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Certified Financial Technician (CFTe) Level I: Foundations in Technical Analysis 2012 SYLLABUS AND READING LIST

The CFTe I candidate is responsible for the material on a definition level. The candidate must understand the terminology used in these readings, be able to describe the concepts discussed in these readings, and be able to examine trends. The CFTe Level I Exam measures basic, entry-level competence. Candidates should have a working knowledge of the basic tools of the technician. Exam time length: 2 1/2 hours. Exam format: Multiple-choice (120 questions) CFTe Level I Exam tests the candidate's knowledge of six basic areas of technical analysis: 1. Terminology of technical analysis 2. Methods of charting 3. Determination of price trends/basics of pattern recognition 4. Establishing price targets 5. Equity market analysis 6. Applying technical analysis to bonds, currencies, futures and options

Listed below and on the following page are the reading assignments for the CFTe Level I exam. Candidates are responsible for knowing and understanding the entire list of reading. Past exams/questions are NOT available for review. Several sample questions are listed at the end of this document.

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CFTe Level I: Exam Reading Assignments

The following are required reading in preparation for the CFTe Level I Exam: 1. Edwards, Robert D. and Magee, John, Technical Analysis of Stock Trends, 9th (or current) Edition (2001-2008), John Magee Inc., Chicago Illinois 2001, ISBN 1-57444-292-9 Chapters: 1. The Technical Approach to Trading and Investing 2. Charts 3. The Dow Theory 4. The Dow Theory in Practice 5. The Dow Theorys Defects 6. Important Reversal Patterns 7. Important Reversal Patterns Continued 8. Important Reversal Patterns The Triangles 9. Important Reversal Patterns Continued 10. Other Reversal Phenomena 11. Consolidation Formations 12. Gaps 13. Support and Resistance 14. Trendlines and Channels 15. Major Trendlines 16. Technical Analysis of Commodity Charts 25. Two Touchy Questions 27. Stop Orders 28. What Is a Bottom What Is A Top? 30. Use of Support and Resistance

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CFTe Level I: Exam Reading Assignments (continued)

2. Murphy, John J.: Technical Analysis of the Financial Markets, New York Institute of Finance, New York, NY, 1999, ISBN 0-7352-0066-1 Chapters: 1. Philosophy of Technical Analysis 2 Dow Theory 3. Chart Construction 4. Basic Concepts of Trend 5. Major Reversal Patterns 6. Continuation Patterns 7. Volume and Open Interest 8. Long Term Charts 9. Moving Averages 10. Oscillators and Contrary Opinion 11. Point and Figure Charting 12. Japanese Candlesticks 13. Elliott Wave Theory 14. Time Cycles 16. Money Management and Trading Tactics 18. Stock Market Indicators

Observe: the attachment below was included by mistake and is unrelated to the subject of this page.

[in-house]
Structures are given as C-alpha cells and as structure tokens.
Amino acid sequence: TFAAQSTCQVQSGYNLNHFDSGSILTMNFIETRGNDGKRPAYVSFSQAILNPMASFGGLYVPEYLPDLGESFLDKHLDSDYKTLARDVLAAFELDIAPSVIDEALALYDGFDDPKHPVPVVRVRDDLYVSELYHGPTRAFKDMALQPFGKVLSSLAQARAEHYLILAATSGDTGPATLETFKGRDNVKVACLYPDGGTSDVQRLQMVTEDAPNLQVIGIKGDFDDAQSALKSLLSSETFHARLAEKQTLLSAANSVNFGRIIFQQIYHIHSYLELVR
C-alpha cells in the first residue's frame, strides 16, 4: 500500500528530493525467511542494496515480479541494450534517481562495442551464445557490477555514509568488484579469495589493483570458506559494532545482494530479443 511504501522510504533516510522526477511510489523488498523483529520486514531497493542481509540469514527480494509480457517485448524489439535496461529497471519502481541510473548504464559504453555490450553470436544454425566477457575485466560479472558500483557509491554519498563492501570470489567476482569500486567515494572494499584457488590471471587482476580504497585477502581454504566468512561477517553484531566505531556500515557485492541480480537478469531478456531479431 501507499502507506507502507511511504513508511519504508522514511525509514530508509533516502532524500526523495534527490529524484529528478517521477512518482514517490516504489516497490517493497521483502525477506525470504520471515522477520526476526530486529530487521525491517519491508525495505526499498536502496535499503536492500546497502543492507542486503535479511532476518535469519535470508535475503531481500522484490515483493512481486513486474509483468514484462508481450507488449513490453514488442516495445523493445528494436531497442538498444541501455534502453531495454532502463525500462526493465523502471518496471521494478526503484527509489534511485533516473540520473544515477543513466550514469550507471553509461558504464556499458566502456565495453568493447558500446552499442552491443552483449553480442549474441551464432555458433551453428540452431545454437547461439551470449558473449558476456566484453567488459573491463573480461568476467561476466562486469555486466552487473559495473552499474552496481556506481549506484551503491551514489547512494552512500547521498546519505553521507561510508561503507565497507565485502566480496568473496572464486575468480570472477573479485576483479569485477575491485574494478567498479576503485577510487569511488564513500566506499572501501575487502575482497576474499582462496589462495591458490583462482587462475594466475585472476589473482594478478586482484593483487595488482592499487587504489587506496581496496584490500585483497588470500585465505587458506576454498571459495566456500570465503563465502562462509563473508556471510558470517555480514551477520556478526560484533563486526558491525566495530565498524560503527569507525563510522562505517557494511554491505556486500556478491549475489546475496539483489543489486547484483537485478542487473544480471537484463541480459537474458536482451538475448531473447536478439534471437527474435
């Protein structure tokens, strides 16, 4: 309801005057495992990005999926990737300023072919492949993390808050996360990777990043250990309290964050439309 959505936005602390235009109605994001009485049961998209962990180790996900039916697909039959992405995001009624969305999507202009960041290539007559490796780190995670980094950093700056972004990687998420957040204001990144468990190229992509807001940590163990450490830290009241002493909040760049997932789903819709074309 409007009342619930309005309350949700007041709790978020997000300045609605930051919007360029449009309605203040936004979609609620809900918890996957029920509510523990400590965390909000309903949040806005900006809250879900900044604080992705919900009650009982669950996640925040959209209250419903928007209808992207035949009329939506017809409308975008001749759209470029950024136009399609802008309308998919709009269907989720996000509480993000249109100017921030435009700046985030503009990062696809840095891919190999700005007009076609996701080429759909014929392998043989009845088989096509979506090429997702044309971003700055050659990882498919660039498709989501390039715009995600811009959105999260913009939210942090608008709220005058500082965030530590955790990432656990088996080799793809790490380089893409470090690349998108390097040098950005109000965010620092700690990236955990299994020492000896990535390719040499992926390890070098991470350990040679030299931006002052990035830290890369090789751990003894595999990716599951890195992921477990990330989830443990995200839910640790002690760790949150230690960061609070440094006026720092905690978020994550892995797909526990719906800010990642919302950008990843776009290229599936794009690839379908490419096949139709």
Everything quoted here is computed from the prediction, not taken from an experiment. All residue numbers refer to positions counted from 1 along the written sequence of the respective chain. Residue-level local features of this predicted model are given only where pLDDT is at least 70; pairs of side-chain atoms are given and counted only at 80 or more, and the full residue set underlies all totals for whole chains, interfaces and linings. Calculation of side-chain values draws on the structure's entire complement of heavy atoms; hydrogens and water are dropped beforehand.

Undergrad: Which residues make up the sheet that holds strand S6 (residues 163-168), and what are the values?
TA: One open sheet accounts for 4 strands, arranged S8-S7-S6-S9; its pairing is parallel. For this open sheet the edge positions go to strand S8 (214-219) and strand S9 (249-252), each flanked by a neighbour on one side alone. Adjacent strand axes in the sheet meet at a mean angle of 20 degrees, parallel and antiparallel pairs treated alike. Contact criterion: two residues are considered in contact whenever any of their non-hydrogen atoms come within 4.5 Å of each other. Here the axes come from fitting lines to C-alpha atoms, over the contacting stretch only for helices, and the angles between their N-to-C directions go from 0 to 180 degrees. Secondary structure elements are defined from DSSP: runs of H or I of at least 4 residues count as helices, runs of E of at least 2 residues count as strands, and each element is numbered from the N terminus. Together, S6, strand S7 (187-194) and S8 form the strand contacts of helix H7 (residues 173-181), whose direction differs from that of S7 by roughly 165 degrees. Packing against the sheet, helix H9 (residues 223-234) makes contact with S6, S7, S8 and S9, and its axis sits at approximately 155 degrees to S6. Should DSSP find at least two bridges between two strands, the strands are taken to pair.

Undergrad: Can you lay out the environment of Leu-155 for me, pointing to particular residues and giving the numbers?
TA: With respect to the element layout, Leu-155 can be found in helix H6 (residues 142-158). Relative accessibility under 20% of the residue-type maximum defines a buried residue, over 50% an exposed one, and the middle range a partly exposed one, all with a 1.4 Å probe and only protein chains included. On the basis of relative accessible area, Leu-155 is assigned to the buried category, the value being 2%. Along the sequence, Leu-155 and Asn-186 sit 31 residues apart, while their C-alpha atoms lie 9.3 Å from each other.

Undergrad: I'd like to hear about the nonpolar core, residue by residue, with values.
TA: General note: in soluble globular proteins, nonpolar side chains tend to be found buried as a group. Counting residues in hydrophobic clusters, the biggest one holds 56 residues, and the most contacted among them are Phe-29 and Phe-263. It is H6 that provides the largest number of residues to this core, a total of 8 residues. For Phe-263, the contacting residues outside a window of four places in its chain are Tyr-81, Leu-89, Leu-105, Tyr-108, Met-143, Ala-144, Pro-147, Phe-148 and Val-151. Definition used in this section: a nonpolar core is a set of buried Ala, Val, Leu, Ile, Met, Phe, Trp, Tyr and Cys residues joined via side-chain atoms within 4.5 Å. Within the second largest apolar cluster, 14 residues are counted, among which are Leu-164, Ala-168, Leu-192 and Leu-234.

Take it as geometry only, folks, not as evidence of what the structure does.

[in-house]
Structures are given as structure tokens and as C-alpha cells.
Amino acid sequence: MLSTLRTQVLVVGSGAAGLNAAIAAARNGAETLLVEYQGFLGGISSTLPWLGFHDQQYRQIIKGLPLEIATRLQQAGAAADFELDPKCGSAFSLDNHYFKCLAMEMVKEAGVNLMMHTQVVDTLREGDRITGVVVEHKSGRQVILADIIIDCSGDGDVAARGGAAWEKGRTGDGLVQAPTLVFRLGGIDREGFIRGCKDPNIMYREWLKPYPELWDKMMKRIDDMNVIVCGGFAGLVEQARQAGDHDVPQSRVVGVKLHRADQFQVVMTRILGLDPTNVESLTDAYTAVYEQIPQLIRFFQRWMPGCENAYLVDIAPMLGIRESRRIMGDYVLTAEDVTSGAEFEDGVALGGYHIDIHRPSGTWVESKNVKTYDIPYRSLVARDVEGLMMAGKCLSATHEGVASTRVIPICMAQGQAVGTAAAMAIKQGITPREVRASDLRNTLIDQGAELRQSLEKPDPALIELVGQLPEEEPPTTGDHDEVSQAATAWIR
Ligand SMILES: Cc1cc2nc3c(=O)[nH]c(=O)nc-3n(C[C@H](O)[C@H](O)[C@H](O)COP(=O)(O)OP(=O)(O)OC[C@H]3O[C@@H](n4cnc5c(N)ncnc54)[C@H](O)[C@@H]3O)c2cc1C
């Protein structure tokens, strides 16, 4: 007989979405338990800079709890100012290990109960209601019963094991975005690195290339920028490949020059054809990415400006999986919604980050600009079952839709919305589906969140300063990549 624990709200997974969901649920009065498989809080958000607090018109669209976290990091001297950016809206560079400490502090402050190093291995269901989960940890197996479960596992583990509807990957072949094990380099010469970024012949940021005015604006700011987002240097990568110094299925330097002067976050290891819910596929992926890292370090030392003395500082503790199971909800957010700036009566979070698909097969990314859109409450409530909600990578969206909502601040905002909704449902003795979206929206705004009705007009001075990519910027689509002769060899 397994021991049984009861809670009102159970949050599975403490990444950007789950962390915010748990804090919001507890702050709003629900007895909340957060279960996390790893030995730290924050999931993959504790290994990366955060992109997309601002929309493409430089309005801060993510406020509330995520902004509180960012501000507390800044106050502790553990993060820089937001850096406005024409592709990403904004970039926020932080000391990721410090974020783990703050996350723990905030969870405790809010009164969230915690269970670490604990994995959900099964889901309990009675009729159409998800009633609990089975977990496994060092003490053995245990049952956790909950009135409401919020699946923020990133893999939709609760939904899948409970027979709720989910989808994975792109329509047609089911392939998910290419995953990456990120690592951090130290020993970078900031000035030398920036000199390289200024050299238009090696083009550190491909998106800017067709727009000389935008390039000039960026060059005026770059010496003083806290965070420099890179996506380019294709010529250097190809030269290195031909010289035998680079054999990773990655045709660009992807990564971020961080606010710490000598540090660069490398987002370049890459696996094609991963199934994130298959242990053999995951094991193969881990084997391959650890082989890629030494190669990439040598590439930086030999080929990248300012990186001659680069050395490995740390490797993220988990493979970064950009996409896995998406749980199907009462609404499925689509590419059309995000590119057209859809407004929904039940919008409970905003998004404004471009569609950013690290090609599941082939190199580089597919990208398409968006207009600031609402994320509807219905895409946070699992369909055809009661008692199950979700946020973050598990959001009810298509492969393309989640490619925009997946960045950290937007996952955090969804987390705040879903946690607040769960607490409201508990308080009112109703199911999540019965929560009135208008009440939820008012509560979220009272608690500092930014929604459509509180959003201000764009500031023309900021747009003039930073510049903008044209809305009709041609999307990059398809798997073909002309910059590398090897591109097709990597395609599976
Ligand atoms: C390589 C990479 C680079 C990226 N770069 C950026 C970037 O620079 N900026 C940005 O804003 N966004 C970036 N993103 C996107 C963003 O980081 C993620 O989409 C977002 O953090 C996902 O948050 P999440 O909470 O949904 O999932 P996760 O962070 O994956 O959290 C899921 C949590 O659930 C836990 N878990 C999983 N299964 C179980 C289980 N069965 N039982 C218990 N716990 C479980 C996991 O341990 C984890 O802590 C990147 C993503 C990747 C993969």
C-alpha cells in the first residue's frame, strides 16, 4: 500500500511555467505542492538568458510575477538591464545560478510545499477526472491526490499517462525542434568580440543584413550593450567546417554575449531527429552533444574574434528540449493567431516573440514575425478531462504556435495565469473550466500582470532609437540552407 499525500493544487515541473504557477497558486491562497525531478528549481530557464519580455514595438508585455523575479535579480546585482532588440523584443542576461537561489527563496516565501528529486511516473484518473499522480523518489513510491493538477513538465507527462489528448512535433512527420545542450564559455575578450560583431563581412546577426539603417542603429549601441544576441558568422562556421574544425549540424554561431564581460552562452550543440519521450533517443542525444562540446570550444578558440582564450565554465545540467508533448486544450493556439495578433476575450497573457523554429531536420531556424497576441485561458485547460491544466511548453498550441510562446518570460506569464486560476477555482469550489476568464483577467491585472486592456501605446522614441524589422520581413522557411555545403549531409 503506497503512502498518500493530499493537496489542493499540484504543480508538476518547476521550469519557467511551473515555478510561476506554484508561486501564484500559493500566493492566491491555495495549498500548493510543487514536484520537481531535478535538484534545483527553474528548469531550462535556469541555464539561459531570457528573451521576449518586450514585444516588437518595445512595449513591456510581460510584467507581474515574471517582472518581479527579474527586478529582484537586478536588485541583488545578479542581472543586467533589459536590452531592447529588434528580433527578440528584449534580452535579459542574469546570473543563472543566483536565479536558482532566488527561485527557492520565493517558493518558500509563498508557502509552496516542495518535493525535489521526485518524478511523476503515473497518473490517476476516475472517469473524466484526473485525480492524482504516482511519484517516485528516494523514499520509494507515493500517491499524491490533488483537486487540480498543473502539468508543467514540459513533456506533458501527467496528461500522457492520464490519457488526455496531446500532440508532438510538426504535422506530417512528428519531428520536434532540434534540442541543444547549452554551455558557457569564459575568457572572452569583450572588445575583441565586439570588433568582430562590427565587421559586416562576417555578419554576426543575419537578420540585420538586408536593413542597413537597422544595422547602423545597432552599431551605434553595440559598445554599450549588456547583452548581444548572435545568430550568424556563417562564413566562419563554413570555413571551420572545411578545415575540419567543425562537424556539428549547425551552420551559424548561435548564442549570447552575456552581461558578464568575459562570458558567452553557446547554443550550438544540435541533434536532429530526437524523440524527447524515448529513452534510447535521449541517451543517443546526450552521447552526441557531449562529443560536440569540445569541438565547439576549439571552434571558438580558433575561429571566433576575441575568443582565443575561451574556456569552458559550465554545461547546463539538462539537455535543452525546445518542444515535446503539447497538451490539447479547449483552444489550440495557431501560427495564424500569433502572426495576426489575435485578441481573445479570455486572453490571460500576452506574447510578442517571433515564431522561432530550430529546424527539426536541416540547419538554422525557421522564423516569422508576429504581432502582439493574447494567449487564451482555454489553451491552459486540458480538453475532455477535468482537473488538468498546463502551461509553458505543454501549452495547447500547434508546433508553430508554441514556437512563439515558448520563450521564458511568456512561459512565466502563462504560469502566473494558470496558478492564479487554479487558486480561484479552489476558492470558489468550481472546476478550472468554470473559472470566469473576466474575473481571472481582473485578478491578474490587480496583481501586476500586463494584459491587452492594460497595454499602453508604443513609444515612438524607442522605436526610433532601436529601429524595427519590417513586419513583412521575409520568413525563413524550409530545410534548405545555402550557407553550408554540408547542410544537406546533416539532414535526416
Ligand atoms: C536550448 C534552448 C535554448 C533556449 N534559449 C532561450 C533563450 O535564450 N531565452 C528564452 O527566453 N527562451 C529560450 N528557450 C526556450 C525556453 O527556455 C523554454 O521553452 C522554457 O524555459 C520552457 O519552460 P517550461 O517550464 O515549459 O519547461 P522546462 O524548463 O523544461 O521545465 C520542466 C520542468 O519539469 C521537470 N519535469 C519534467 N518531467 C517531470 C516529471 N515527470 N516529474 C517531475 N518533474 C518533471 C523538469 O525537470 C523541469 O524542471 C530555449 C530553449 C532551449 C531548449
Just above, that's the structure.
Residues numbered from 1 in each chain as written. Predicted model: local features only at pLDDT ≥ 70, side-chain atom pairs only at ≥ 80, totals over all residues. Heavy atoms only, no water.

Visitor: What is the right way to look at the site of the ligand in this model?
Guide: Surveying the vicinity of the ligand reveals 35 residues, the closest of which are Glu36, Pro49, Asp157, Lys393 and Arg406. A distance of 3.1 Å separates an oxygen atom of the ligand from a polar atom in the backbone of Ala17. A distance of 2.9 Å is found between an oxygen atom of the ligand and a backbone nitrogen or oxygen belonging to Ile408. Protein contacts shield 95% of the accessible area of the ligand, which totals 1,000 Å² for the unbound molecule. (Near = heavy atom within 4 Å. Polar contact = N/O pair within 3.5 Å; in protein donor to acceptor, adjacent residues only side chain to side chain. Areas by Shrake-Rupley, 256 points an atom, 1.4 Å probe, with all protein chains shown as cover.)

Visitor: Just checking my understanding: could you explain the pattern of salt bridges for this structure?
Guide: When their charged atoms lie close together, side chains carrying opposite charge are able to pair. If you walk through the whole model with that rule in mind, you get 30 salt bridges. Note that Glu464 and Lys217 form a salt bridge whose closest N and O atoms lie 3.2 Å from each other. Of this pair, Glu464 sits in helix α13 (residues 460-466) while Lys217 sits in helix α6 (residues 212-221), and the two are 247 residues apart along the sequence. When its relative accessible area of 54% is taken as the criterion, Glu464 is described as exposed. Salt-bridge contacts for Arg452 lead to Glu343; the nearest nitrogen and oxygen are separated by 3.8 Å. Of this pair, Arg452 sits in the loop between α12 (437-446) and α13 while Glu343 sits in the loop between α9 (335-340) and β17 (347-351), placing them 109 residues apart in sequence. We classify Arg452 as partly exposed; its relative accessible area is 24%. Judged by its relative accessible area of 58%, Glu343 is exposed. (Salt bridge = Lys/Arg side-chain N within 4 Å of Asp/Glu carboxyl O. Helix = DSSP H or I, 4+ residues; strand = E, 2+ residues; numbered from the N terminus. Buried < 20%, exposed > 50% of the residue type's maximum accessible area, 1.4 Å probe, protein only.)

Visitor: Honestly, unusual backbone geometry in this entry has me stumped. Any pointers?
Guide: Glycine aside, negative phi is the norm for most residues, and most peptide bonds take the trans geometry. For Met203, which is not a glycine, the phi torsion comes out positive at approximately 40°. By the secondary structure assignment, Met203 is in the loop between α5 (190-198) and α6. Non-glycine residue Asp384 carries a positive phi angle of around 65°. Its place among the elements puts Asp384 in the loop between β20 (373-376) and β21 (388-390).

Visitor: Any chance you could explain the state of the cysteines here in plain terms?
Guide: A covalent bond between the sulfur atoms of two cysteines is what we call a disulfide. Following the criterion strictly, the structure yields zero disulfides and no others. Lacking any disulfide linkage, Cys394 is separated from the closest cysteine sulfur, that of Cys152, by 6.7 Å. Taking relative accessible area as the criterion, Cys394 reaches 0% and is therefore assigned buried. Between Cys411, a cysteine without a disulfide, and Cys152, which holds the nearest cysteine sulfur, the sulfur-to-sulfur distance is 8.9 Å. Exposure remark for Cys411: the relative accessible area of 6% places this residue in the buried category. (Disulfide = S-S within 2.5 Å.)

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CFTe Level I: Exam Reading Assignments (continued)

3. Pring, Martin J.: Technical Analysis Explained, 4th (or current) Edition, McGraw Hill Book Company, New York, NY, 2001, ISBN 0-07-138193-7 Chapters: 2. Financial Markets and the Business Cycle 3. Dow Theory 4. Typical Parameters for Intermediate Trends 5. Price Patterns 6. Smaller Price Patterns 7. One- and Two-Bar Price Patterns 8. Trendlines 9. Moving Averages 10. Momentum Principles 11. Individual Momentum Indicators I 12. Individual Momentum Indicators II 13. Candle Charts 14. Point and Figure Charting 15. Miscellaneous Techniques for Determining Trends 16. The Concept of Relative Strength 18. Price: The Major Averages 20. Time: Longer-Term Cycles 22. Volume: General Principles 23. Volume Oscillators 24. Breadth 26. Sentiment Indicators

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CFTe Level I: Sample Examination Questions

Following are three sample type questions for the Level I Exam (the correct response is underlined). 1. What is not a common premise in Dow Theory? a. b. c. d. The market has three possible directions, up, down and sideways ranges Averages need to confirm one another Market action discounts everything The trend is said to be intact until it is reversed

2. Two Japanese candlestick reversal patterns are a. b. c. d. Upside Tasuki gap and hanging man Three line strike and hanging man Hammer and Harami Evening star and downside Tasuki gap

3. The rule of alternation in Elliot Wave Theory suggests a. b. c. d. Corrective wave 2 is likely to be complex if wave 4 is an a-b-c- pattern Corrective wave 4 is likely to be complex if wave 2 is an a-b-c- pattern All of the above None of the above

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